Author Topic: Til Debt Do Us Part  (Read 7723 times)

Zamboni

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Til Debt Do Us Part
« on: May 01, 2019, 06:37:28 AM »
This is a Canadian TV series that someone mentioned on this board a few years ago.

At the time, I couldn't watch it (no cable + I'm not Canadian). But now it is on YouTube.

So I've watched 3.5 episodes and I'm enjoying it so far. Trying to watch them in order starting with the first season (other than the first one I watched which had a higher view count.) It's nice that she has widely different income situations. I'm going to gradually catalog the basics about each situation here in case it helps anyone decide which one to watch.

First one I watched: dual income with decent money to work with but very spendy . . . she proclaimed them the worst she had seen. They were very pretty people who have likely always gotten away with keeping things pretty on the outside while not really attending to what is behind the facade.

S1E1: one income. Guy trying to start a restaurant/catering business while also working a side hustle, stay-at-home-mom, middle of the road spending, small children. They were adorable and I hope it worked out.

S1E2: one income, money extremely tight, newly wed with new baby. Wife "worked" in the arts and seemed very entitled and honestly I felt sorry for the husband.

S1E3: high income, astronomical spending. She's been oblivious but is now having a wake up call and freaking out. He wants to stay in denial at the beginning, feels he "deserves to have what he wants." Teenagers eat a lot = Gail gave them $1000 per month for food, which honestly makes me feel better about my grocery bill. Lol, are these my neighbors?

S1E4: spouse income imbalance, 3 kids playing expensive sports. $12K per year on youth hockey and soccer, wow! He makes more money than she does & resents his spending being restricted because of it.

S1E5: hoping for first baby. I really like her idea for this one: live on maternity leave level spending for a month (or two) to see if you can do it and put the money saved from that in a fund to buy items for baby.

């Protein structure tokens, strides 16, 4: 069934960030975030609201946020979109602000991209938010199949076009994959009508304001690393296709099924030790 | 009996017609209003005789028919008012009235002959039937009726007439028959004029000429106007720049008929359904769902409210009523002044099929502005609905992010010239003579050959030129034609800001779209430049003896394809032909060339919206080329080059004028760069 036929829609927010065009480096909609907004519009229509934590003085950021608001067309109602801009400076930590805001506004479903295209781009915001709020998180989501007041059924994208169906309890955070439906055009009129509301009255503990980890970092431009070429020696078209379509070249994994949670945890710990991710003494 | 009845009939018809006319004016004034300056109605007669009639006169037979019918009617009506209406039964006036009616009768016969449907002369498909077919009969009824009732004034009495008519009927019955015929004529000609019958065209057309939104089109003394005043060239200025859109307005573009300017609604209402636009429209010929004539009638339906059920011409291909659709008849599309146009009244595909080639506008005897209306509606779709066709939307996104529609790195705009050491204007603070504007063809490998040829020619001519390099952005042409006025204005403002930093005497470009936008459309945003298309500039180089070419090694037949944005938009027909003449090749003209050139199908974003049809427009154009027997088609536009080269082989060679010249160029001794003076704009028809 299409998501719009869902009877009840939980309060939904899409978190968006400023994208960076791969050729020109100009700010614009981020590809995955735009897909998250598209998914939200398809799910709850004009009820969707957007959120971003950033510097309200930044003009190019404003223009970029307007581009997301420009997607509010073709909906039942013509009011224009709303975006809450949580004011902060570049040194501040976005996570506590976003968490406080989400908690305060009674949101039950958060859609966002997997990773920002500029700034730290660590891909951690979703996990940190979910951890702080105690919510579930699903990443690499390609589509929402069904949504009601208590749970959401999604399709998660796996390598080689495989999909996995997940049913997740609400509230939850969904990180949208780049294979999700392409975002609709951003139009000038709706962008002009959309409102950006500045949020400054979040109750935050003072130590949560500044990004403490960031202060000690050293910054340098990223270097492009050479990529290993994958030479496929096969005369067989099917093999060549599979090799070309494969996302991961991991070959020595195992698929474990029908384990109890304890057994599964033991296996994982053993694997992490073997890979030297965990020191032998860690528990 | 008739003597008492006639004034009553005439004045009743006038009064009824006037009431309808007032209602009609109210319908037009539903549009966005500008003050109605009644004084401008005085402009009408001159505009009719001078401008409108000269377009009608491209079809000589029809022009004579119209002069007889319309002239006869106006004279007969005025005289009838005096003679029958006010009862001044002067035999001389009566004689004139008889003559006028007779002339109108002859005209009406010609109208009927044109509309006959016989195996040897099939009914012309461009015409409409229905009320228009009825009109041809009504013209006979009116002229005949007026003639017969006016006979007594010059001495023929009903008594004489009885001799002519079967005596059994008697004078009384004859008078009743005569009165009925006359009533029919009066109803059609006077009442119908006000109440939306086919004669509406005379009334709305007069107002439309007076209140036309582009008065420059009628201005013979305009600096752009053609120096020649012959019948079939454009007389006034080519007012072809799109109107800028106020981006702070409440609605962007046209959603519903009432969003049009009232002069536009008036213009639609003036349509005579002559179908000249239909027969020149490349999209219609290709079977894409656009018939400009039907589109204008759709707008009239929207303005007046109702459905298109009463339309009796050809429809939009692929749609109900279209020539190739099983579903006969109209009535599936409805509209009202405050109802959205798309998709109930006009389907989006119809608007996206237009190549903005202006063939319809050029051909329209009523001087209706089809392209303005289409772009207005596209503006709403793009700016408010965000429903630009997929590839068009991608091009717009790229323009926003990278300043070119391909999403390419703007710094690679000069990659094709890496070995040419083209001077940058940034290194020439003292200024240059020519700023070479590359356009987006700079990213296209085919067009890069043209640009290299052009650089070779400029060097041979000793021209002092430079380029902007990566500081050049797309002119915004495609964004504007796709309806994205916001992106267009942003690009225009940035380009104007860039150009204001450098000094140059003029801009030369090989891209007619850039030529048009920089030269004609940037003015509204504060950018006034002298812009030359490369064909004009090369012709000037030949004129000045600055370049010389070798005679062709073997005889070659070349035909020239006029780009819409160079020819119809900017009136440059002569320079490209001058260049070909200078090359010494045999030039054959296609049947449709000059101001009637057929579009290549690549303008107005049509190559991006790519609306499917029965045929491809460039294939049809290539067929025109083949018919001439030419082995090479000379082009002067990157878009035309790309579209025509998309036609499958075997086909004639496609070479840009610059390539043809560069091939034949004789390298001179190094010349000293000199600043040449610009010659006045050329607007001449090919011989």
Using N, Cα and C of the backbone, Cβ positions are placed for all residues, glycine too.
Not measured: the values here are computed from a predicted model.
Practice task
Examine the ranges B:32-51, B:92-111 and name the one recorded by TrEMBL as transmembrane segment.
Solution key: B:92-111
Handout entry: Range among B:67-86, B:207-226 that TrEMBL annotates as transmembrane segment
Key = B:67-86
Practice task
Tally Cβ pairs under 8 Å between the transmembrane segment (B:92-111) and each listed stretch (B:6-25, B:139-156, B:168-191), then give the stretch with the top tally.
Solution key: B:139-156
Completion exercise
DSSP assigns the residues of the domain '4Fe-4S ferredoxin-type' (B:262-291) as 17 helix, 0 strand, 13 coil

« Last Edit: May 02, 2019, 11:42:26 AM by Zamboni »

pachnik

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Re: Til Debt Do Us Part
« Reply #1 on: May 01, 2019, 06:44:22 AM »
I am Canadian and I watched this show years ago.  I really like Gail Vaz-Oxlade.   

Zamboni

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Re: Til Debt Do Us Part
« Reply #2 on: May 01, 2019, 06:59:54 AM »
Yes, at first I thought she was going to bug me, but now I really like her. In the first one I watched (not S1E1, I should try to figure out which one it was) she was pretty fed up with the couple, I think, and it showed. They had lived with his parents after they got married for a couple of years and gotten used to free-loading, basically, rather than paying their own way.

Parents, push those fledglings out of the nest and do NOT let them come back . . . you won't be doing your kids any favors if you do!

coynemoney

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Re: Til Debt Do Us Part
« Reply #3 on: May 01, 2019, 07:46:21 AM »
I really wish they would reboot this show with modern cameras. The techniques are great but it's really hard to watch something in 420p in this day and age.

SunnyDays

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Re: Til Debt Do Us Part
« Reply #4 on: May 01, 2019, 10:14:00 AM »
I loved that show in it's first run.  There's also a show called "Life or Debt" (American) that's kind of similar, but the host gets the family to run themselves like a business, always focusing on the bottom line.  It's good too.

dude

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Re: Til Debt Do Us Part
« Reply #5 on: May 01, 2019, 10:24:30 AM »
I binged watched a bunch of episodes on Amazon Prime after the first posting on MMM a year or two ago. Loved it!

DadJokes

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Re: Til Debt Do Us Part
« Reply #6 on: May 01, 2019, 11:45:04 AM »
I enjoy the show from time to time, but it is very painful to watch other times. It baffles me how some people can live the way they do. I would be so stressed out.

Maya

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Re: Til Debt Do Us Part
« Reply #7 on: May 01, 2019, 12:09:12 PM »
guilty pleasure show for me. Always makes me feel so good about our spending

mousebandit

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Re: Til Debt Do Us Part
« Reply #8 on: May 01, 2019, 12:12:02 PM »